Table 6 shows summarized results on the evaluation of the lithium secondary batteries made by EXAMPLE 6 and COMPARATIVE EXAMPLE 5. In Table 6, the cycle life, charging/discharging efficiency, i.e., the ratio of the discharged quantity of electricity to the charged quantity of electricity, and energy density per unit volume of the battery (or discharging capacity) are relatively expressed by normalizing the values in EXAMPLE 6 with those in COMPARATIVE EXAMPLE 5, respectively.

              TABLE 6______________________________________Cycle Life           4.2Charging/Discharging Efficiency                3.1Energy Density       3.8______________________________________

Table 6 demonstrates that the secondary lithium battery of EXAMPLE 6 using porous hollow negative electrodes has a longer cycle life, an increased charging/discharging efficiency, and a higher energy density.

In EXAMPLES 1 to 6 as described above, lithium-manganese oxide or lithium-nickel oxide was used as the active material for the positive electrode in order to evaluate the characteristics of the negative and positive electrodes. In the present invention, other active materials, such as lithium-cobalt oxide, lithium-vanadium oxide and the like, can also be used for the positive electrode, being limited to EXAMPLES.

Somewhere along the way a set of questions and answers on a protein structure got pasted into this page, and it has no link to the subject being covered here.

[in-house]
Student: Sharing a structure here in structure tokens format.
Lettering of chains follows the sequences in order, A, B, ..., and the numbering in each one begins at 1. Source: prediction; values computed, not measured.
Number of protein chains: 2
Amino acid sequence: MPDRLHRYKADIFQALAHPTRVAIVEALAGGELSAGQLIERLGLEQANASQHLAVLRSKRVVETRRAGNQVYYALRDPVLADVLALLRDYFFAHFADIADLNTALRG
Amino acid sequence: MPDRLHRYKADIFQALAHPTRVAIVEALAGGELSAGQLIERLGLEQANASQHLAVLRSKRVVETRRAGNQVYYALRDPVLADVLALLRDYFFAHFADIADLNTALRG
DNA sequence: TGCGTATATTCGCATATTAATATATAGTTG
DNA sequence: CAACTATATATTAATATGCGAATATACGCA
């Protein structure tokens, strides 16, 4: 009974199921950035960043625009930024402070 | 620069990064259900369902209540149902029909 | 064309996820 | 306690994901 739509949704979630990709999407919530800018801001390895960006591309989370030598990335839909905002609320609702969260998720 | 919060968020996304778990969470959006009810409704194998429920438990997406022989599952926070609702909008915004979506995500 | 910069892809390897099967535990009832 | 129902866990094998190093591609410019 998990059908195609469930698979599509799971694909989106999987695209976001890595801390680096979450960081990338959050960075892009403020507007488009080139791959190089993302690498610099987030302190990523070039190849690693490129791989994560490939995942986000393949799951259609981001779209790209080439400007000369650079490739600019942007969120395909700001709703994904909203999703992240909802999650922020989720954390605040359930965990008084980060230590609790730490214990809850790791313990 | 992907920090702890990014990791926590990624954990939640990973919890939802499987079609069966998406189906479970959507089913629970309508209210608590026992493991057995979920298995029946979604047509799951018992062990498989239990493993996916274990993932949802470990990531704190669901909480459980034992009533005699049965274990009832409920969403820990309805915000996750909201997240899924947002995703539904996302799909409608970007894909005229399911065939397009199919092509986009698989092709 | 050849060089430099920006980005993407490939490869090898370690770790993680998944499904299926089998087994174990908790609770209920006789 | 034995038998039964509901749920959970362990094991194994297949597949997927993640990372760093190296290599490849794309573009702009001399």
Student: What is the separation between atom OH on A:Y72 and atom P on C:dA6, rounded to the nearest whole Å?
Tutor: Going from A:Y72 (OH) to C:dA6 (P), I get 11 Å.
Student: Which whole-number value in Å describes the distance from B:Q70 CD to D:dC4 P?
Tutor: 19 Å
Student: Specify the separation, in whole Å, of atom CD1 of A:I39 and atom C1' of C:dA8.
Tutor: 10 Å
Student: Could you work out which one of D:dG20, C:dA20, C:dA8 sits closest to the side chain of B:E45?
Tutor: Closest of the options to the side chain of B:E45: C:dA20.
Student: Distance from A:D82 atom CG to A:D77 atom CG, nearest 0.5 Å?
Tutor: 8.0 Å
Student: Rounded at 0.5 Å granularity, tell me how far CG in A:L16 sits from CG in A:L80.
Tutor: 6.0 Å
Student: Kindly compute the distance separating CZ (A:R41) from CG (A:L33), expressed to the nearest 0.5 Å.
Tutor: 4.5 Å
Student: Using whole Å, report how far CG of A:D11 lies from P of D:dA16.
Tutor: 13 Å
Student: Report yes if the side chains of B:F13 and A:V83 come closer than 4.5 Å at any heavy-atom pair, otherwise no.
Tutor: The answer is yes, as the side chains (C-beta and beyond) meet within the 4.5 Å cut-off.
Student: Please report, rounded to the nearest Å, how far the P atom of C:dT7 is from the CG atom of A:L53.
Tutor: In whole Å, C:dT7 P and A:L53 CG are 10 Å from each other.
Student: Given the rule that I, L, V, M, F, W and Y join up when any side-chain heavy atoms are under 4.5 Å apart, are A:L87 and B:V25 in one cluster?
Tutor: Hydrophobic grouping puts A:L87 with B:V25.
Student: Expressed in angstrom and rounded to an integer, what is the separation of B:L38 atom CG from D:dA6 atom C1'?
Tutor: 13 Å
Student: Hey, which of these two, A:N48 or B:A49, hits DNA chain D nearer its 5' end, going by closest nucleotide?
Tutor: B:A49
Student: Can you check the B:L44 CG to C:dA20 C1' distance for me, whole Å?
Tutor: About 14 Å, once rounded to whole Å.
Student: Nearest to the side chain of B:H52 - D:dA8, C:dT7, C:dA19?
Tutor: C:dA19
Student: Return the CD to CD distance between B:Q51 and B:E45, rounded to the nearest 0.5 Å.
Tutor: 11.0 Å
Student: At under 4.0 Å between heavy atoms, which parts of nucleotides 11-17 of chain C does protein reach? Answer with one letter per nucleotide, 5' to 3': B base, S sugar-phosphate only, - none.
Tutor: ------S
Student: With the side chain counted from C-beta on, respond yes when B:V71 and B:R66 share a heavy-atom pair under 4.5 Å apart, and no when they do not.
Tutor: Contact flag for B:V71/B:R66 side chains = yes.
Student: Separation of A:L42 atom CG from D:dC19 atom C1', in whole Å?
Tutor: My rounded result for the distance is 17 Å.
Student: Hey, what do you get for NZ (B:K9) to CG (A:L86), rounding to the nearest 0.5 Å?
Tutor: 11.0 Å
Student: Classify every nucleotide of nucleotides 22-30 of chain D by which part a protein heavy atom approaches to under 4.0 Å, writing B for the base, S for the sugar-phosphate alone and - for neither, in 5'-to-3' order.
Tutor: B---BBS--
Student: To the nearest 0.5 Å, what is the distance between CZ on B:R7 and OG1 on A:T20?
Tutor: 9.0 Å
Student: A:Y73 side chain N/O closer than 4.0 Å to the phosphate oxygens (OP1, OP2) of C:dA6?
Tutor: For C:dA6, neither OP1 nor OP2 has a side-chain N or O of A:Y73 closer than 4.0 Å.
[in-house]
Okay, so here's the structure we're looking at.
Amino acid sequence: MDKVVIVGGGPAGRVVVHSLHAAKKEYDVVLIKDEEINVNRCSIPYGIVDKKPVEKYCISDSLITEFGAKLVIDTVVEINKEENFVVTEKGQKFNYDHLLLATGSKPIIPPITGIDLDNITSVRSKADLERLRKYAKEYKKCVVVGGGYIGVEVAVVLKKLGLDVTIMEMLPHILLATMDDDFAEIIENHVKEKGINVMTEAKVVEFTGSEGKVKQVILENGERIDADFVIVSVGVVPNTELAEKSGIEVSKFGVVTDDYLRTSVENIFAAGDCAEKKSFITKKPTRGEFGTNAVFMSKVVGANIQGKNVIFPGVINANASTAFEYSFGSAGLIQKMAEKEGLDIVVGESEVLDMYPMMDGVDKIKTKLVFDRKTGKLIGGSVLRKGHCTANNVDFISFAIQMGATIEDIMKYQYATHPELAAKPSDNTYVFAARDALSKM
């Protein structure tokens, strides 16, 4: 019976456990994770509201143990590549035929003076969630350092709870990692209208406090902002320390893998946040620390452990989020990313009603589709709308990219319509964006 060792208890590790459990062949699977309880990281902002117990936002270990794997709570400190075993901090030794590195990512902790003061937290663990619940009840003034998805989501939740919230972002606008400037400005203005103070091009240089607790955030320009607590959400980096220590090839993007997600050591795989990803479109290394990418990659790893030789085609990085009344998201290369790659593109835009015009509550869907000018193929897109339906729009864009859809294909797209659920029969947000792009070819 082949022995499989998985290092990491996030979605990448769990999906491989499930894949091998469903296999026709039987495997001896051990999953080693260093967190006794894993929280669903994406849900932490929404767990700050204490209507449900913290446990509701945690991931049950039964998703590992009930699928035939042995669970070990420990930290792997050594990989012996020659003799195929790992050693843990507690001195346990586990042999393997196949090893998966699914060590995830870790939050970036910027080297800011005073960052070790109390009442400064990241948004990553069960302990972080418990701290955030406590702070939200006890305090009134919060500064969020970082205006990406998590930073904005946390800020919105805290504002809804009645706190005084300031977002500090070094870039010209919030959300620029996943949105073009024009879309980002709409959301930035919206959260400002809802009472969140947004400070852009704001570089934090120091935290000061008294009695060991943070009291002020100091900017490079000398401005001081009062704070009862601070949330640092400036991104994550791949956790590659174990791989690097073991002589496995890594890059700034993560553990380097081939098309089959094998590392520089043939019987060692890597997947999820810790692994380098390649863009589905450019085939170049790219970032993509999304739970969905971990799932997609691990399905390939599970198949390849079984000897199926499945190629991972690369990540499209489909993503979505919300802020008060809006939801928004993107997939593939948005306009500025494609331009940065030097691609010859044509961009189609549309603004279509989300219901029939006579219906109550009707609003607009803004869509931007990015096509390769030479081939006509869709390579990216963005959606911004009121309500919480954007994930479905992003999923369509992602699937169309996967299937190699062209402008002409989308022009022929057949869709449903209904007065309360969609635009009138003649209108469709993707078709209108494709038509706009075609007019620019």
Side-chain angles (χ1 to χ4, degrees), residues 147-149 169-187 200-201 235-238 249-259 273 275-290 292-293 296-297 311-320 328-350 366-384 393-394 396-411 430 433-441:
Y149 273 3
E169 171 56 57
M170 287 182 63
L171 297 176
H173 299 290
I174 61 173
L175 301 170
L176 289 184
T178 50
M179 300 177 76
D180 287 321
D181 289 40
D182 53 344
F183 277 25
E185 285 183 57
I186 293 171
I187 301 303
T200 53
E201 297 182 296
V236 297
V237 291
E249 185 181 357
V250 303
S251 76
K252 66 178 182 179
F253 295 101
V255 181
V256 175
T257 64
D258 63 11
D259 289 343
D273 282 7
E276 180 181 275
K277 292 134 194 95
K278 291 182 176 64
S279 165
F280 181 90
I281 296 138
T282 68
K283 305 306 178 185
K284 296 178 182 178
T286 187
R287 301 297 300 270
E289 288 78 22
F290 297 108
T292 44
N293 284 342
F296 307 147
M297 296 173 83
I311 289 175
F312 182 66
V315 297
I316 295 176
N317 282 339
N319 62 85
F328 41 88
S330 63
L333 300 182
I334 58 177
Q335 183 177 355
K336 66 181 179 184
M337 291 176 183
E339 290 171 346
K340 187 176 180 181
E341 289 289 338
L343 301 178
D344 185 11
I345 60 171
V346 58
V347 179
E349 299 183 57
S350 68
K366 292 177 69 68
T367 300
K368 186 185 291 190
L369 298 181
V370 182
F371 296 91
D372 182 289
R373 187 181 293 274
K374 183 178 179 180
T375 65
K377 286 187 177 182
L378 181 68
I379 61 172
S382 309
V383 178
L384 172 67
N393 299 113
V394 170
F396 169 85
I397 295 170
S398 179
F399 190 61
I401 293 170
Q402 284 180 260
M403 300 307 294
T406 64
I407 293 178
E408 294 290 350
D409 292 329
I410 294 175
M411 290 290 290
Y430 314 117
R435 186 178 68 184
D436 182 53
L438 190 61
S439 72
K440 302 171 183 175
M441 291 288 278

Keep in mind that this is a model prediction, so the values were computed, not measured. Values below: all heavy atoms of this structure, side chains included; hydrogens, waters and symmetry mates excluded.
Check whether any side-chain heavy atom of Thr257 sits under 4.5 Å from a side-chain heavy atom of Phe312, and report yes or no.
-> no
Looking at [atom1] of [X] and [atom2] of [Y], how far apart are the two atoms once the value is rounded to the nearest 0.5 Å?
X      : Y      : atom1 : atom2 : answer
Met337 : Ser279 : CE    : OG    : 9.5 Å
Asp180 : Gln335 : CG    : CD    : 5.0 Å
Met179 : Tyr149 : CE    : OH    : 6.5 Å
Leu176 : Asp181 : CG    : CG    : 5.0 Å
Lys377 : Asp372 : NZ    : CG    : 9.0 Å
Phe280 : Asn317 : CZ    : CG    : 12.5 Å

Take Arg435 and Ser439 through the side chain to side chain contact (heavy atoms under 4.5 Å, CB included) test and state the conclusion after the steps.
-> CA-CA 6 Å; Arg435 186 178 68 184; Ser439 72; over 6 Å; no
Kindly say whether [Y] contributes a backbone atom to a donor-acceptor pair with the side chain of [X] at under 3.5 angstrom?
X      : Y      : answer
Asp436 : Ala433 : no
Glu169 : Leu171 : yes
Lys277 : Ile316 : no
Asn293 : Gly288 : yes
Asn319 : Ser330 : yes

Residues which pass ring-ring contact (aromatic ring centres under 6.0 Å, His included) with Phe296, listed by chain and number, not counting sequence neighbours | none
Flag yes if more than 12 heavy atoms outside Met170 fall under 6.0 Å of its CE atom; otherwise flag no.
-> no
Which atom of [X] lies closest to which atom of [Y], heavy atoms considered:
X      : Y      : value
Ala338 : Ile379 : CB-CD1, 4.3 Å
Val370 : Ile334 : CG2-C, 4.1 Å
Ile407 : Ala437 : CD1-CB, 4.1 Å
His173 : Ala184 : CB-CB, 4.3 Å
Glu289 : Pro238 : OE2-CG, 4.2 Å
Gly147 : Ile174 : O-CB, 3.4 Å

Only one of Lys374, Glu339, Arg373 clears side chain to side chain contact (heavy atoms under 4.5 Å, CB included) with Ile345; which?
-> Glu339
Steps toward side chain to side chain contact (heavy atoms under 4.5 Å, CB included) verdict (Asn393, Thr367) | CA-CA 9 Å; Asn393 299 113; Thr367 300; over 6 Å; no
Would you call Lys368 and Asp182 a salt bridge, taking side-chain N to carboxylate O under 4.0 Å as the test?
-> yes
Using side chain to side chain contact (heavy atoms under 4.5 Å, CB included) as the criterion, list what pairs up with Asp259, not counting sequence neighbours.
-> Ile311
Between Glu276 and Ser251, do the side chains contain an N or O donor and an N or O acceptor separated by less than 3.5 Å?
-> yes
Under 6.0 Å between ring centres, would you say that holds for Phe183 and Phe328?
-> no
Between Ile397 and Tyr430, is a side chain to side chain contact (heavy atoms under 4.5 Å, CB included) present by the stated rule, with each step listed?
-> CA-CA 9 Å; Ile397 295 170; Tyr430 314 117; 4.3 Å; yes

Further, although the same electrolyte solution was used in EXAMPLES 1 to 6, any other electrolyte solution can be used without limitation.

Moreover, the shape of the battery is also not limited to EXAMPLES.

While the present invention has been described with reference to what are presently considered to be the preferred embodiments, it is to be understood that the invention is not limited to the disclosed embodiments. To the contrary, the invention is intended to cover various modifications and equivalent arrangements, included within the spirit and scope of the appended claims. The scope of the following claims is to be accorded the broadest interpretation so as to encompass all such modifications and equivalent structures and functions.